WBIR-TV’s Robin Wilhoit interviews Janice Wade-Whitehead & Board member Dr. Monica Crane

Knox News Sentinel interviews Programming Director Linda Johnson about early onset dementia

WBIR-TV (NBC) interviews local family who wants Pat to know she has a bigger team now

WATE-TV (ABC) interviews local woman about her mother’s fight with Alzheimer’s

 

What Is Mild Cognitive Impairment?

As diagnostic criteria for Mild Cognitive Impairment (MCI) has become more widely embraced by the medical community, more and more patients are receiving a diagnosis and then asking the obvious question: what is it? This is generally followed by: does this mean I have (or will have) Alzheimer’s disease (AD)? Read More

Dementia Screening Cuts Health Costs

Today, Bloomberg Businessweek published a study documenting the decrease in the cost of care when dementia is diagnosed early. Cost savings is a great thing. But bigger than that is the increased quality of life and potential delay of disease progression for early and proper diagnosis. The earlier we diagnose a disease like Alzheimer’s, the more effective the treatments are at staving off the onset of additional symptoms or worsening of those existing. Read More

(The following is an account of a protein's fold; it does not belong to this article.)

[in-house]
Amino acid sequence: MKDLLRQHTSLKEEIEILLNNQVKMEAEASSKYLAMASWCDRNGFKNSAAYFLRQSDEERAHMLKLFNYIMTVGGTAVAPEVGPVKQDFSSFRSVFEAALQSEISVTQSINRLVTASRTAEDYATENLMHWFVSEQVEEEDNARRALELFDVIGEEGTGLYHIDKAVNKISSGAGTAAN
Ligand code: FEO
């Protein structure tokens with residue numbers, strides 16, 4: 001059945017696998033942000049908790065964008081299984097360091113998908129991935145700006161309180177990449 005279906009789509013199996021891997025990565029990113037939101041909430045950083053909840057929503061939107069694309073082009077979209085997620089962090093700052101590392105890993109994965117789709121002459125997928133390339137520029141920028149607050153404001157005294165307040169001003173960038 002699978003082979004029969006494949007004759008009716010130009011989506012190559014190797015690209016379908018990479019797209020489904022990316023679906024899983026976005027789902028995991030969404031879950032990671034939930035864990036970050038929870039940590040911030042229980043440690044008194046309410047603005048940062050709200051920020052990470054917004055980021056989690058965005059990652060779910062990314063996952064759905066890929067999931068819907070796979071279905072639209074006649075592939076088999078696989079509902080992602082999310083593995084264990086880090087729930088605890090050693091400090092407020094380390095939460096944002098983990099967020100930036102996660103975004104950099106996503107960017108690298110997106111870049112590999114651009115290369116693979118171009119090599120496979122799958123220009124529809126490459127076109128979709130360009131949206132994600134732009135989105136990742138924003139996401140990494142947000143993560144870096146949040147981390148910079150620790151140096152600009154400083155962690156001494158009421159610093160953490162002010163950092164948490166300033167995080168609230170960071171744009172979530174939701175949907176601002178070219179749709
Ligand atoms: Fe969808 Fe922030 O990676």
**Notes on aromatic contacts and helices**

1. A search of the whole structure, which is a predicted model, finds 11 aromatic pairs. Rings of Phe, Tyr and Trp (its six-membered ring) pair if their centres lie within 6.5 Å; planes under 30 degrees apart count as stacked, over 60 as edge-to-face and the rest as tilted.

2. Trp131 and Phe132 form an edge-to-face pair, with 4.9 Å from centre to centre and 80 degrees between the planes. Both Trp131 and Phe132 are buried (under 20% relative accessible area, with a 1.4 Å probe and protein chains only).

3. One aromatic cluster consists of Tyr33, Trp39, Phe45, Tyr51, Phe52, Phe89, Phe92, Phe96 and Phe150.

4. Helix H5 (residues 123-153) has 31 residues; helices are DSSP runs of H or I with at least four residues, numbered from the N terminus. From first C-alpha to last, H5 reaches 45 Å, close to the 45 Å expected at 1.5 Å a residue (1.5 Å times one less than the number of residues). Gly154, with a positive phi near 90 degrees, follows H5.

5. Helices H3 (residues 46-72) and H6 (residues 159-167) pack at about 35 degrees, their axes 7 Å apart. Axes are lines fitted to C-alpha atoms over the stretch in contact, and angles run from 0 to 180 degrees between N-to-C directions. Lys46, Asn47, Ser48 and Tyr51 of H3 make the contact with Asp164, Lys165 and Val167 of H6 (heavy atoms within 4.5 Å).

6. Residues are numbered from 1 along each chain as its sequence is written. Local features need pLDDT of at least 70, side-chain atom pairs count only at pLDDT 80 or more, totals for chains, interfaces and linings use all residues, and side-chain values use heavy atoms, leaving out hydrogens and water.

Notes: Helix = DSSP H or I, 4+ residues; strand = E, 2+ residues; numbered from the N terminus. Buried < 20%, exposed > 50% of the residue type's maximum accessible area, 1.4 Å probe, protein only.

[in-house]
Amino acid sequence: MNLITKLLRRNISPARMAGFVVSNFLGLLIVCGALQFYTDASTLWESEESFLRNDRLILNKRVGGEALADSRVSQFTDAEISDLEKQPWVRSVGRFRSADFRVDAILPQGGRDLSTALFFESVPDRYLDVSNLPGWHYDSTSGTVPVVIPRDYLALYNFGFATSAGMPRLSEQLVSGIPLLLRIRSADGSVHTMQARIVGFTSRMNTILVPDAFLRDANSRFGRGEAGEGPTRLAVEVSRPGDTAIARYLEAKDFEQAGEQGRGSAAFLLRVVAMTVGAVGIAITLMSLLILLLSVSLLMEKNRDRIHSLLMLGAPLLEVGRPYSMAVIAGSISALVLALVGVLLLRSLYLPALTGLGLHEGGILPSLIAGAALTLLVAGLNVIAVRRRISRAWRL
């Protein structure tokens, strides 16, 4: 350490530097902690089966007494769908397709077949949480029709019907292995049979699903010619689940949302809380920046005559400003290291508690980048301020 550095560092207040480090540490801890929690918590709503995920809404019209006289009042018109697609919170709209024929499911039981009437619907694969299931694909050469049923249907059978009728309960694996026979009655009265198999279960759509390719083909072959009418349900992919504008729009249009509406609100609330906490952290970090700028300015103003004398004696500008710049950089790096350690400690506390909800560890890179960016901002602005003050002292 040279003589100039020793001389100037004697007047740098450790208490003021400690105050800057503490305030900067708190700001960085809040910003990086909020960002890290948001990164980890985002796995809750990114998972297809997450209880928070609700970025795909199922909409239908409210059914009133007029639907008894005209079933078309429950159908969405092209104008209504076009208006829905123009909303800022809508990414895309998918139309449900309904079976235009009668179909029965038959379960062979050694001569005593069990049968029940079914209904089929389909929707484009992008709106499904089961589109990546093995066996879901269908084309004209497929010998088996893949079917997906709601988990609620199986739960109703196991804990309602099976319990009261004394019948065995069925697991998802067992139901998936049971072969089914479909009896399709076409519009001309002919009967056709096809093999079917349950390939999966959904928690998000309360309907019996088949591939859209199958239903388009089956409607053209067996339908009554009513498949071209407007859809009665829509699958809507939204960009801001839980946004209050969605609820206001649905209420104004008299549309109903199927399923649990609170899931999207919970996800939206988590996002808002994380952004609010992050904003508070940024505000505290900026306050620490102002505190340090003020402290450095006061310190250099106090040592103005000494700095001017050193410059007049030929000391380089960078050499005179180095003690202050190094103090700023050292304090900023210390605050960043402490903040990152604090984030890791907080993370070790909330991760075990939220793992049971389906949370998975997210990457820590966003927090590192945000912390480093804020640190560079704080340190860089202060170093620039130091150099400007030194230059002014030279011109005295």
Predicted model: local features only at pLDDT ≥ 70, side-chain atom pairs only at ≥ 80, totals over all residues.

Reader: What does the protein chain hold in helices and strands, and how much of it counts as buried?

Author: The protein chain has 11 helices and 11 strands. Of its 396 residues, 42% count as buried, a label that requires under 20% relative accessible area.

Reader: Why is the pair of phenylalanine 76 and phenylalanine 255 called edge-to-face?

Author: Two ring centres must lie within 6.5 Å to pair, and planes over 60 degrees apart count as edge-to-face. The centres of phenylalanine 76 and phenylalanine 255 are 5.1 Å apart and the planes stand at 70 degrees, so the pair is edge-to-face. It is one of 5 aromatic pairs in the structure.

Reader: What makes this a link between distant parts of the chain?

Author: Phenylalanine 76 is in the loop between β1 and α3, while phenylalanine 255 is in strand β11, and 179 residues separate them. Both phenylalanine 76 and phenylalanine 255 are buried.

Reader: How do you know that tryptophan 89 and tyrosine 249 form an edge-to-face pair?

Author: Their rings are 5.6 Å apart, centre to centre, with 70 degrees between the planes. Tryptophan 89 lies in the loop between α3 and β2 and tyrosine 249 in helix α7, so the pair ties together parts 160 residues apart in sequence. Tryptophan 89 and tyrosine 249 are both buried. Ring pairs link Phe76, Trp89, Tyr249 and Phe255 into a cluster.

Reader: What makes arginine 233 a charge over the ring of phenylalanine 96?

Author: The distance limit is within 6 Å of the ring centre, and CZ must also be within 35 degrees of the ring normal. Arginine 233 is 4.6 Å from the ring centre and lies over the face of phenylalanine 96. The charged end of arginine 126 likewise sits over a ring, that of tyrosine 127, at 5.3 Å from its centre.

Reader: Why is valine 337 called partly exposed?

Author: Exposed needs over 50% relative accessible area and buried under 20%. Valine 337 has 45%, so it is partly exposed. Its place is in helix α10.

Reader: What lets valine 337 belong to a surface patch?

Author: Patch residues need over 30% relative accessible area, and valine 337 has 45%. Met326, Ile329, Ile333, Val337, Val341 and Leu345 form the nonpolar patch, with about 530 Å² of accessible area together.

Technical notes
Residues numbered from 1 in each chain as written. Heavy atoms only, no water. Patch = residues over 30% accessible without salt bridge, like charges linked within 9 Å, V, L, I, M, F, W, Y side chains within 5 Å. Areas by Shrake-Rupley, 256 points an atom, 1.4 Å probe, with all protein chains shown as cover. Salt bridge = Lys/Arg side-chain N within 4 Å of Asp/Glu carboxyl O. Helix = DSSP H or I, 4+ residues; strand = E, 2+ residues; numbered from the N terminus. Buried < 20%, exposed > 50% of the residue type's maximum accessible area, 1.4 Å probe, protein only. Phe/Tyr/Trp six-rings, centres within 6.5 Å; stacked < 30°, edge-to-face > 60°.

• Blog
  • April 20th, 2010

Finding Peace of Mind Through Early Screening

A few days ago we received a very nice testimonial on our Facebook page and it made me realize that what we offer is truly two-fold.  Here is the message we received:

I took the self test today, and the results were excellent in all areas. With a family history of Alzheimer’s, having access to a quick, easy, affordable tool to catch problems early, gives me great peace of mind. Now I’ll chalk up my memory problems to overwork, rather than to early ALZ.